As the CFPB prepares to issues its final prepaid rule, 2016 Pay Awards Consumer Champion NetSpend was making its own D.C. push. The prepaid financial services provider recently brought cardholders from five states—California, Missouri, North Carolina, Ohio and Texas—to meet with three Congressmen and Congressional staff members about their prepaid concerns, a NetSpend spokesperson says.
“Our goal was to make sure that cardholders are being heard on a rule that will affect their financial choices,” the spokesperson says, not identifying the representatives.
The cardholders talked about their need for optional overdraft on prepaid. “One of our cardholders explained how overdraft protection helped her take an Uber to get to work when her transmission was out and fill her son’s lunch account at school,” the spokesperson says. “We firmly believe that a change in the CFPB prepaid rule to allow prepaid companies to offer an optional overdraft on amounts under $150 is essential to meet the needs of cardholders. We are working with various members of Congress to impress upon the CFPB the need for a workable compromise in the prepaid rule that allows prepaid cardholders access to the short-term liquidity they need.”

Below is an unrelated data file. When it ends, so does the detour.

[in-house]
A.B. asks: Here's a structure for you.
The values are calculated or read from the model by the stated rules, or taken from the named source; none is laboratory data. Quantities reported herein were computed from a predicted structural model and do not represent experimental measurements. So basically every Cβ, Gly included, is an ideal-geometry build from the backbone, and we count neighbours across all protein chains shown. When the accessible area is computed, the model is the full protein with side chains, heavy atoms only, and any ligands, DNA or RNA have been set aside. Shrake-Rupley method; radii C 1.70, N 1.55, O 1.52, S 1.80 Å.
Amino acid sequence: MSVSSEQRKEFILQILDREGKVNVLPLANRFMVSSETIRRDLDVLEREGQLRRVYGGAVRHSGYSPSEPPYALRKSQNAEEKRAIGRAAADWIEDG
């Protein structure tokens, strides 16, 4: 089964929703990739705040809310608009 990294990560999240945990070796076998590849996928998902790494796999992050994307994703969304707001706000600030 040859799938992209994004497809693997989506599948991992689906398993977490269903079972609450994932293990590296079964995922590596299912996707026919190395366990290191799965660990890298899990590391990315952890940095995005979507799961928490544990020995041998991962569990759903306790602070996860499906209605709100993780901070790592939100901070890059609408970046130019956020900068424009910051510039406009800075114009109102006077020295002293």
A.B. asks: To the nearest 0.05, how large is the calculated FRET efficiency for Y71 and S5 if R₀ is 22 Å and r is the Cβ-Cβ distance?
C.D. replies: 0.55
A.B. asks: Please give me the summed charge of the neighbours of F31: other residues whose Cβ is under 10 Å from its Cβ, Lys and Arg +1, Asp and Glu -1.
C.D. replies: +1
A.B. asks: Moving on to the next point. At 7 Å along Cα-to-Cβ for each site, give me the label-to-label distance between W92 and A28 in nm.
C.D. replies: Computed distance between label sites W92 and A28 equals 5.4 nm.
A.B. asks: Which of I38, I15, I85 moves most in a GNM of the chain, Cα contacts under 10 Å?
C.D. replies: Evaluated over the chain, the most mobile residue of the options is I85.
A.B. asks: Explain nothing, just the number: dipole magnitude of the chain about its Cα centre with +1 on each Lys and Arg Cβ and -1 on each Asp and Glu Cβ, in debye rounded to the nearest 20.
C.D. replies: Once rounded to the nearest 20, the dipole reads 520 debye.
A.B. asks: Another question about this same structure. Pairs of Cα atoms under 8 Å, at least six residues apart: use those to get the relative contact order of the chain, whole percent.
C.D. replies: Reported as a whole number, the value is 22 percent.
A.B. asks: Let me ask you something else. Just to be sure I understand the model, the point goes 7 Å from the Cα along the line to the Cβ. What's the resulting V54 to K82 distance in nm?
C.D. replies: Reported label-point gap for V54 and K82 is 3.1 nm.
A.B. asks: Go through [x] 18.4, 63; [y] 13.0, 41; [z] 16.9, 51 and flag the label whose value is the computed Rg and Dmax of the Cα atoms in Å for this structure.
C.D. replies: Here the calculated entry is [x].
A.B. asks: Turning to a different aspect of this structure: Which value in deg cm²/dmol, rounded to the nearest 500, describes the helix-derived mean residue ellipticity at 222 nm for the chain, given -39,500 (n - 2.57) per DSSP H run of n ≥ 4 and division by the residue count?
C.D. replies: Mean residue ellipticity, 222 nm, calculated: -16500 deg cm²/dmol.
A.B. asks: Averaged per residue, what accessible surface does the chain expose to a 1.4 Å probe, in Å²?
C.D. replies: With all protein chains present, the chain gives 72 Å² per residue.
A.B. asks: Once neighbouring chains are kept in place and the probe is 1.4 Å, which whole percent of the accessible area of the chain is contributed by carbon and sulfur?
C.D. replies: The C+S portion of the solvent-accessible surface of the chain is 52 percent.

The CFPB’s proposed rulemaking on prepaid accounts doesn’t explicitly ban overdraft. However, many experts believe the rule’s provision that any credit feature, including overdraft, associated with a prepaid card would trigger CARD Act and Regulation Z credit protections, which would make it too onerous to justify offering such a feature.
Despite assurances from CFPB Director Richard Cordray during Congressional testimony that the final prepaid rule is due out this spring, at the recent All Payments Expo in New Orleans, prepaid industry experts were anticipating a release in late spring or even into June.
- Viewpoint: Where Common Sense and Consumer Protection Converge
- Congressional Members Tell CFPB to Scale Back Prepaid Rules
- CFPB Looks to Extend Regs E & Z to Prepaid
Image Credits: holbox